“That’s what we needed and you don’t have to worry about crazy people wanting portraits of murder anymore, tell that guy to fuck off.”
Tamara stood at the closed door, trying to figure how to open it and still maintain her balance on the crutches.
Tony reached around and turned the knob, opening the door. “Do you need me? I know it’s your place and you don’t like folks in there and I have to answer a couple emails.”
“No, I’m good,” she promised.
“I’ll be back in five, and then you need to get in bed,” he kissed her on the cheek.
“Five,” she said, watching him head back to his own office before she stepped into the studio.
She struggled under the crutches to the huge canvas and pulled the sheet away to see an empty canvas. No color, no paint, no murder scene – a completely white unused giant space. “What the f…?” she muttered. “What the ever living hell?” She stared at the white remembering layers and layers of paint, and changes and changes. She shook her head and heard the chime from the computer. She closed her eyes. “What now?”
She worked her way to the desk, reaching down to click the message and hoping she wouldn’t lose a crutch. The message unfolded and she caught her breath.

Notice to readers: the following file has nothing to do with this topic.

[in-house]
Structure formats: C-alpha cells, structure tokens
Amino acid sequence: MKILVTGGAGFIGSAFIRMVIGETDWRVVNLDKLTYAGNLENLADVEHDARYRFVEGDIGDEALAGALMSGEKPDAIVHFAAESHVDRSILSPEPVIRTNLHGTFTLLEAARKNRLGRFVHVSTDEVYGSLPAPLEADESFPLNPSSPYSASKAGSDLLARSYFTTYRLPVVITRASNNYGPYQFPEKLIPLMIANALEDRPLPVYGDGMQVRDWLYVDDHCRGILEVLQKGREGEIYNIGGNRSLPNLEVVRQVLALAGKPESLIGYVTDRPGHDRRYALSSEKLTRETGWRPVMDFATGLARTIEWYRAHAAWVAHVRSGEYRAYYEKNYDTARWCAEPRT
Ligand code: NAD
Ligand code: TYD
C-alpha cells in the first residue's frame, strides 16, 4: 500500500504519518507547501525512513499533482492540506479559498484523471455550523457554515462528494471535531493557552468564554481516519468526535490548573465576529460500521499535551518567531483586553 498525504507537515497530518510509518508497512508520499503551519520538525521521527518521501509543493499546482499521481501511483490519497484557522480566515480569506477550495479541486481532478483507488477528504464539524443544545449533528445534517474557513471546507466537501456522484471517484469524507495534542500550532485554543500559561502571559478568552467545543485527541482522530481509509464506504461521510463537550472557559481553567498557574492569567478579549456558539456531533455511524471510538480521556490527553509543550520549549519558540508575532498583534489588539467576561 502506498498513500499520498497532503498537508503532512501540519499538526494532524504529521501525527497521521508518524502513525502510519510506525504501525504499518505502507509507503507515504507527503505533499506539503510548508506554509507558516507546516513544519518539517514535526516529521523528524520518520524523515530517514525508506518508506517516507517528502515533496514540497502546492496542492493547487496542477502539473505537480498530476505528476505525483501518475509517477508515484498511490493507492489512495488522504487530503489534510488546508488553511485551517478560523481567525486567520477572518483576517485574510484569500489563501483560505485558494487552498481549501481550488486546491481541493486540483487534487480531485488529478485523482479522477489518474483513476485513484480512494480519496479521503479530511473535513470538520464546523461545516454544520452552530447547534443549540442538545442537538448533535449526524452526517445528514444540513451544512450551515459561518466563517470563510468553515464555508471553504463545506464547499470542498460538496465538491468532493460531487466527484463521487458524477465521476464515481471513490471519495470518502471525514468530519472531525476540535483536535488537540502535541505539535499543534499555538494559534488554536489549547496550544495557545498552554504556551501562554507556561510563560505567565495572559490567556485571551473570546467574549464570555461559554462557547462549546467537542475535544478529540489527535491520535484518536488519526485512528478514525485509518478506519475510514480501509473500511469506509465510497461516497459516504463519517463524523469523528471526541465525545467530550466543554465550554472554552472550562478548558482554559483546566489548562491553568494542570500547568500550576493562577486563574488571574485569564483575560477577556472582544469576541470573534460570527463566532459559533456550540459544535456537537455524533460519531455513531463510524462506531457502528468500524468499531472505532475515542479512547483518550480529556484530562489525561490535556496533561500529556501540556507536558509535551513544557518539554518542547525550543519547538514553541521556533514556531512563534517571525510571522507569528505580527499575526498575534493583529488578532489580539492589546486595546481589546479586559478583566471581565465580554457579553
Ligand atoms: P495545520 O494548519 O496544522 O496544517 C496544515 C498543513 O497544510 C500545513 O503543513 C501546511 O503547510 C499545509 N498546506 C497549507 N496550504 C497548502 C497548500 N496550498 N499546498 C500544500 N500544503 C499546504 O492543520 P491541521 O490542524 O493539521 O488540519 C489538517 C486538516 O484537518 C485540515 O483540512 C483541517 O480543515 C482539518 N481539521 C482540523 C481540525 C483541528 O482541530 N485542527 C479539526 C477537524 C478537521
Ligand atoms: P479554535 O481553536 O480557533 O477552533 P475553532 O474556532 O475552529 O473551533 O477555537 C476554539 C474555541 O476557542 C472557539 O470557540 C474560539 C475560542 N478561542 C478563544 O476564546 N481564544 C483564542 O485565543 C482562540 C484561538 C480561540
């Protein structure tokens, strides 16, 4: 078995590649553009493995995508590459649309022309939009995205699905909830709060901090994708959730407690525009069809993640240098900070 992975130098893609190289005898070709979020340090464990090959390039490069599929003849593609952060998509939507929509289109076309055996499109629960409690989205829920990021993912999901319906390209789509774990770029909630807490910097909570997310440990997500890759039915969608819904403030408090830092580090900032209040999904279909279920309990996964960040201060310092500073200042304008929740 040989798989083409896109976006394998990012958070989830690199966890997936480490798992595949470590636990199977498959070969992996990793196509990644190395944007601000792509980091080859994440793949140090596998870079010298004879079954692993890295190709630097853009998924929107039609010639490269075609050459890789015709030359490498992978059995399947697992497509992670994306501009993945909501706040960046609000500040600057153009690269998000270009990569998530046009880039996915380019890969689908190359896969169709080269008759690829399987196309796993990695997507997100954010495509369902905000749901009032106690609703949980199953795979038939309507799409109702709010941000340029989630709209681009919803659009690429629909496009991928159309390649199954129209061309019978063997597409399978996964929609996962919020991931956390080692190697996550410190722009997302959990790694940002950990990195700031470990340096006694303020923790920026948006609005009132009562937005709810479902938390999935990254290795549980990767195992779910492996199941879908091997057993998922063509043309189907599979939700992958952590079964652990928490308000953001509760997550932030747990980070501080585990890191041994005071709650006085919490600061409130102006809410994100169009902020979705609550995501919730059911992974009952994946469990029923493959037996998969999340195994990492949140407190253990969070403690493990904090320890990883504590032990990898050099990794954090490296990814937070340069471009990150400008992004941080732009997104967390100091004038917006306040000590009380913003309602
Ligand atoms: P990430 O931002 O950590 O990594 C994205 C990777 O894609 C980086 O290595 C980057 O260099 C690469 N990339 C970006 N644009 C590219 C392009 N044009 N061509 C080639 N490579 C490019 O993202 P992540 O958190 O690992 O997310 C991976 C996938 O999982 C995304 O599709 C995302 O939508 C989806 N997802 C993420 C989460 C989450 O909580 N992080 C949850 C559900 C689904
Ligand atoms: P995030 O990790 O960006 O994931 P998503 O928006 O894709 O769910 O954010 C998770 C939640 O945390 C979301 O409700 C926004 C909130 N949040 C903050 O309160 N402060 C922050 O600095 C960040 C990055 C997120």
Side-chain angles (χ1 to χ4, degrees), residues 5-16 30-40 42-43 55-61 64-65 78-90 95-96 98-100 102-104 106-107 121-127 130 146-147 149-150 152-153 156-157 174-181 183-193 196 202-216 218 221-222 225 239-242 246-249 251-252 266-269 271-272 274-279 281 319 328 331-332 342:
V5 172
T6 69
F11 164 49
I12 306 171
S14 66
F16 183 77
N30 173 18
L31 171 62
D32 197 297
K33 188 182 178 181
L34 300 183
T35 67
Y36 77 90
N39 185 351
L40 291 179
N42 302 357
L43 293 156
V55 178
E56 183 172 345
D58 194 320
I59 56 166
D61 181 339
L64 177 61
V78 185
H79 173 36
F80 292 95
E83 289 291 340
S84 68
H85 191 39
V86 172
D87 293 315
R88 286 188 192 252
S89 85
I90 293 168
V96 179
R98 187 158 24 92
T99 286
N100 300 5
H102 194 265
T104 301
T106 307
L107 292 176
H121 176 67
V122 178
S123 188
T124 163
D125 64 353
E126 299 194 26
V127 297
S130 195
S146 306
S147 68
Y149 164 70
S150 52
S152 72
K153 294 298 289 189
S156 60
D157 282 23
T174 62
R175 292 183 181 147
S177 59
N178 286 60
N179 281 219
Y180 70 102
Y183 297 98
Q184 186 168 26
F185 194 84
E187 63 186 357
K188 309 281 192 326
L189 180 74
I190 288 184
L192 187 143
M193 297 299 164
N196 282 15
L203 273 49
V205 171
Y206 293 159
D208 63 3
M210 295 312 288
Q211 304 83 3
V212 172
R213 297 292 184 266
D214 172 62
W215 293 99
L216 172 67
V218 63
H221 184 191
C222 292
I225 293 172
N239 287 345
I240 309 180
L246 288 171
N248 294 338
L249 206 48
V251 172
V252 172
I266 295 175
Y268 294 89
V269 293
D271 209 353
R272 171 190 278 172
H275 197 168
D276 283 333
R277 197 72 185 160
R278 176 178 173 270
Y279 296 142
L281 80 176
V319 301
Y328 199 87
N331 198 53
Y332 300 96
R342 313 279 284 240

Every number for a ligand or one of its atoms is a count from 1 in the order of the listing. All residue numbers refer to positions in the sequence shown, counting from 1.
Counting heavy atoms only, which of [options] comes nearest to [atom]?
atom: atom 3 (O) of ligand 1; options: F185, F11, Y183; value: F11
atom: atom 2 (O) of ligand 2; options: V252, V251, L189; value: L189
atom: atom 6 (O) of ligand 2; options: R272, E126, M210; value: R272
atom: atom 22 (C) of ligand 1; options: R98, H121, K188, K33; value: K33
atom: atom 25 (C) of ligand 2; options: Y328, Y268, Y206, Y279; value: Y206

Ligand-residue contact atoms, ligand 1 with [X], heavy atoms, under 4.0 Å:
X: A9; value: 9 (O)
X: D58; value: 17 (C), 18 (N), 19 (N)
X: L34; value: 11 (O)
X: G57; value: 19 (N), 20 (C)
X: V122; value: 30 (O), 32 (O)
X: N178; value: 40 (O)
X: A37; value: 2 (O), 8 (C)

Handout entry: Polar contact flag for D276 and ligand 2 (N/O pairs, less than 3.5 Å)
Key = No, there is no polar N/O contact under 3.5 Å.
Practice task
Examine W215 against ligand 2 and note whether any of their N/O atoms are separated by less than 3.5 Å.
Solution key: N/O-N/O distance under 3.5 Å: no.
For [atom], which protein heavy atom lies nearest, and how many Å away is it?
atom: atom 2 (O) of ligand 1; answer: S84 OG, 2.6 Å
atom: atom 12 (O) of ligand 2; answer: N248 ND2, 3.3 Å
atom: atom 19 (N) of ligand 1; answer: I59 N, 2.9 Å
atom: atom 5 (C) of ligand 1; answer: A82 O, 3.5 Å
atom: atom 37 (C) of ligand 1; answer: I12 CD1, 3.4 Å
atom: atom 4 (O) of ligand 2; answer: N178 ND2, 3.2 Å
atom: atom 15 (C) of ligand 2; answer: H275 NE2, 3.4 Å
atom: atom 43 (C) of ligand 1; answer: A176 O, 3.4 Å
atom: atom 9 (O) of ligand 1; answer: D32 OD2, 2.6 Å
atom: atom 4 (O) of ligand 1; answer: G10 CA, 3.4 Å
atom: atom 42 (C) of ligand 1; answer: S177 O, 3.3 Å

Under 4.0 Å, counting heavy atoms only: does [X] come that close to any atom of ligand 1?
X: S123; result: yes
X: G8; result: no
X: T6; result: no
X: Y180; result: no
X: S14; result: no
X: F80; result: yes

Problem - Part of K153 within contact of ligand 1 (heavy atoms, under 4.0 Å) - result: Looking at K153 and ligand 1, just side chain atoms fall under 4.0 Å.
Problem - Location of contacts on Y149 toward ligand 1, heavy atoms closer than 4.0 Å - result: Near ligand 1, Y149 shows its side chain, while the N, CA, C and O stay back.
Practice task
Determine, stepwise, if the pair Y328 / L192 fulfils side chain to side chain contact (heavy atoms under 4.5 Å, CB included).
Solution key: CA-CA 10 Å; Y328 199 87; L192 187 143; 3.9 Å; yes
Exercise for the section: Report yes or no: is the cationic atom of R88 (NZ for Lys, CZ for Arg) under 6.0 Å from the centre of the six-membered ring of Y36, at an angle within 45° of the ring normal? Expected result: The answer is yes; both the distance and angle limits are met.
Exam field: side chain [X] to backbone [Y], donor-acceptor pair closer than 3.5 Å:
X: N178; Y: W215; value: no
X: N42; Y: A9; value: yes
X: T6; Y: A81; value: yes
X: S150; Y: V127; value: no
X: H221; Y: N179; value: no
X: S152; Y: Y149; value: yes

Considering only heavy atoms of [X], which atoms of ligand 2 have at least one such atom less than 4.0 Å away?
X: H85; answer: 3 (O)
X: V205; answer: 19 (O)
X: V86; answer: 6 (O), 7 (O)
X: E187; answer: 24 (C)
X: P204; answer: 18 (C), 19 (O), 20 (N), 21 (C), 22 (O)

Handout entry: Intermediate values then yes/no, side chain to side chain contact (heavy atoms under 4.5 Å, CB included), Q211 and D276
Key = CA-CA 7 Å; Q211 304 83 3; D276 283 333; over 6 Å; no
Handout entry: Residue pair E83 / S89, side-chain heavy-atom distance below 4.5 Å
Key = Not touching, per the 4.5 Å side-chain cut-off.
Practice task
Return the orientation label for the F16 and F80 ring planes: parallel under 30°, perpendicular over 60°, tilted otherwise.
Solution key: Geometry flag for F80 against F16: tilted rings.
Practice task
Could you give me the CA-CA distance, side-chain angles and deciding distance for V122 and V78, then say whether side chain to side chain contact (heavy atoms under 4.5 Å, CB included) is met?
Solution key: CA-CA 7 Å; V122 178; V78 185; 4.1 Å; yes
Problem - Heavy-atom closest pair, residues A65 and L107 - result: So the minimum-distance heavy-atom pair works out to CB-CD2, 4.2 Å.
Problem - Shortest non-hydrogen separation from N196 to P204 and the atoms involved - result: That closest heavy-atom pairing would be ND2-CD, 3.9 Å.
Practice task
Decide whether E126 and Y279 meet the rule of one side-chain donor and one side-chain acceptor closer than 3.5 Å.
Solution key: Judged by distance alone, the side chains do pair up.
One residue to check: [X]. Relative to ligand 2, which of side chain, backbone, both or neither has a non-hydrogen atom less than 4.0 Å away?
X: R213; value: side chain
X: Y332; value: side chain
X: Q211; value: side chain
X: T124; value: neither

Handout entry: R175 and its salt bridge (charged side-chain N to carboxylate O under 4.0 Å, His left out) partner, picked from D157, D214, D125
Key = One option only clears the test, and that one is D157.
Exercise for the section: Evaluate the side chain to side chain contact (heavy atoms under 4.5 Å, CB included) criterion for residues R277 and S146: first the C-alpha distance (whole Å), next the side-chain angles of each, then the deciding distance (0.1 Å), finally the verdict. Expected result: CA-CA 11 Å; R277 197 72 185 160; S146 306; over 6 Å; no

“Good job, Tamara. Five thousand in your checking account. Your husband is about to announce you have to move again, and you should accept. You have another painting to paint.”
She caught her breath, dropped the crutches, and managed to fall in the wheeled office chair. She dropped her head down to her knees, gasping at the pain from her ribs and hips. “What the …” she had no words.
Tony burst into the room. “Honey, I just got the best job offer ever! On the east coast, we’ll be set for life! Honey … Tamara … baby…” He dropped to his knees beside her chair. “Are you okay?”
Tamara lifted her head from her knees and smiled, as the tears flowed down her cheeks. “I’m ready.”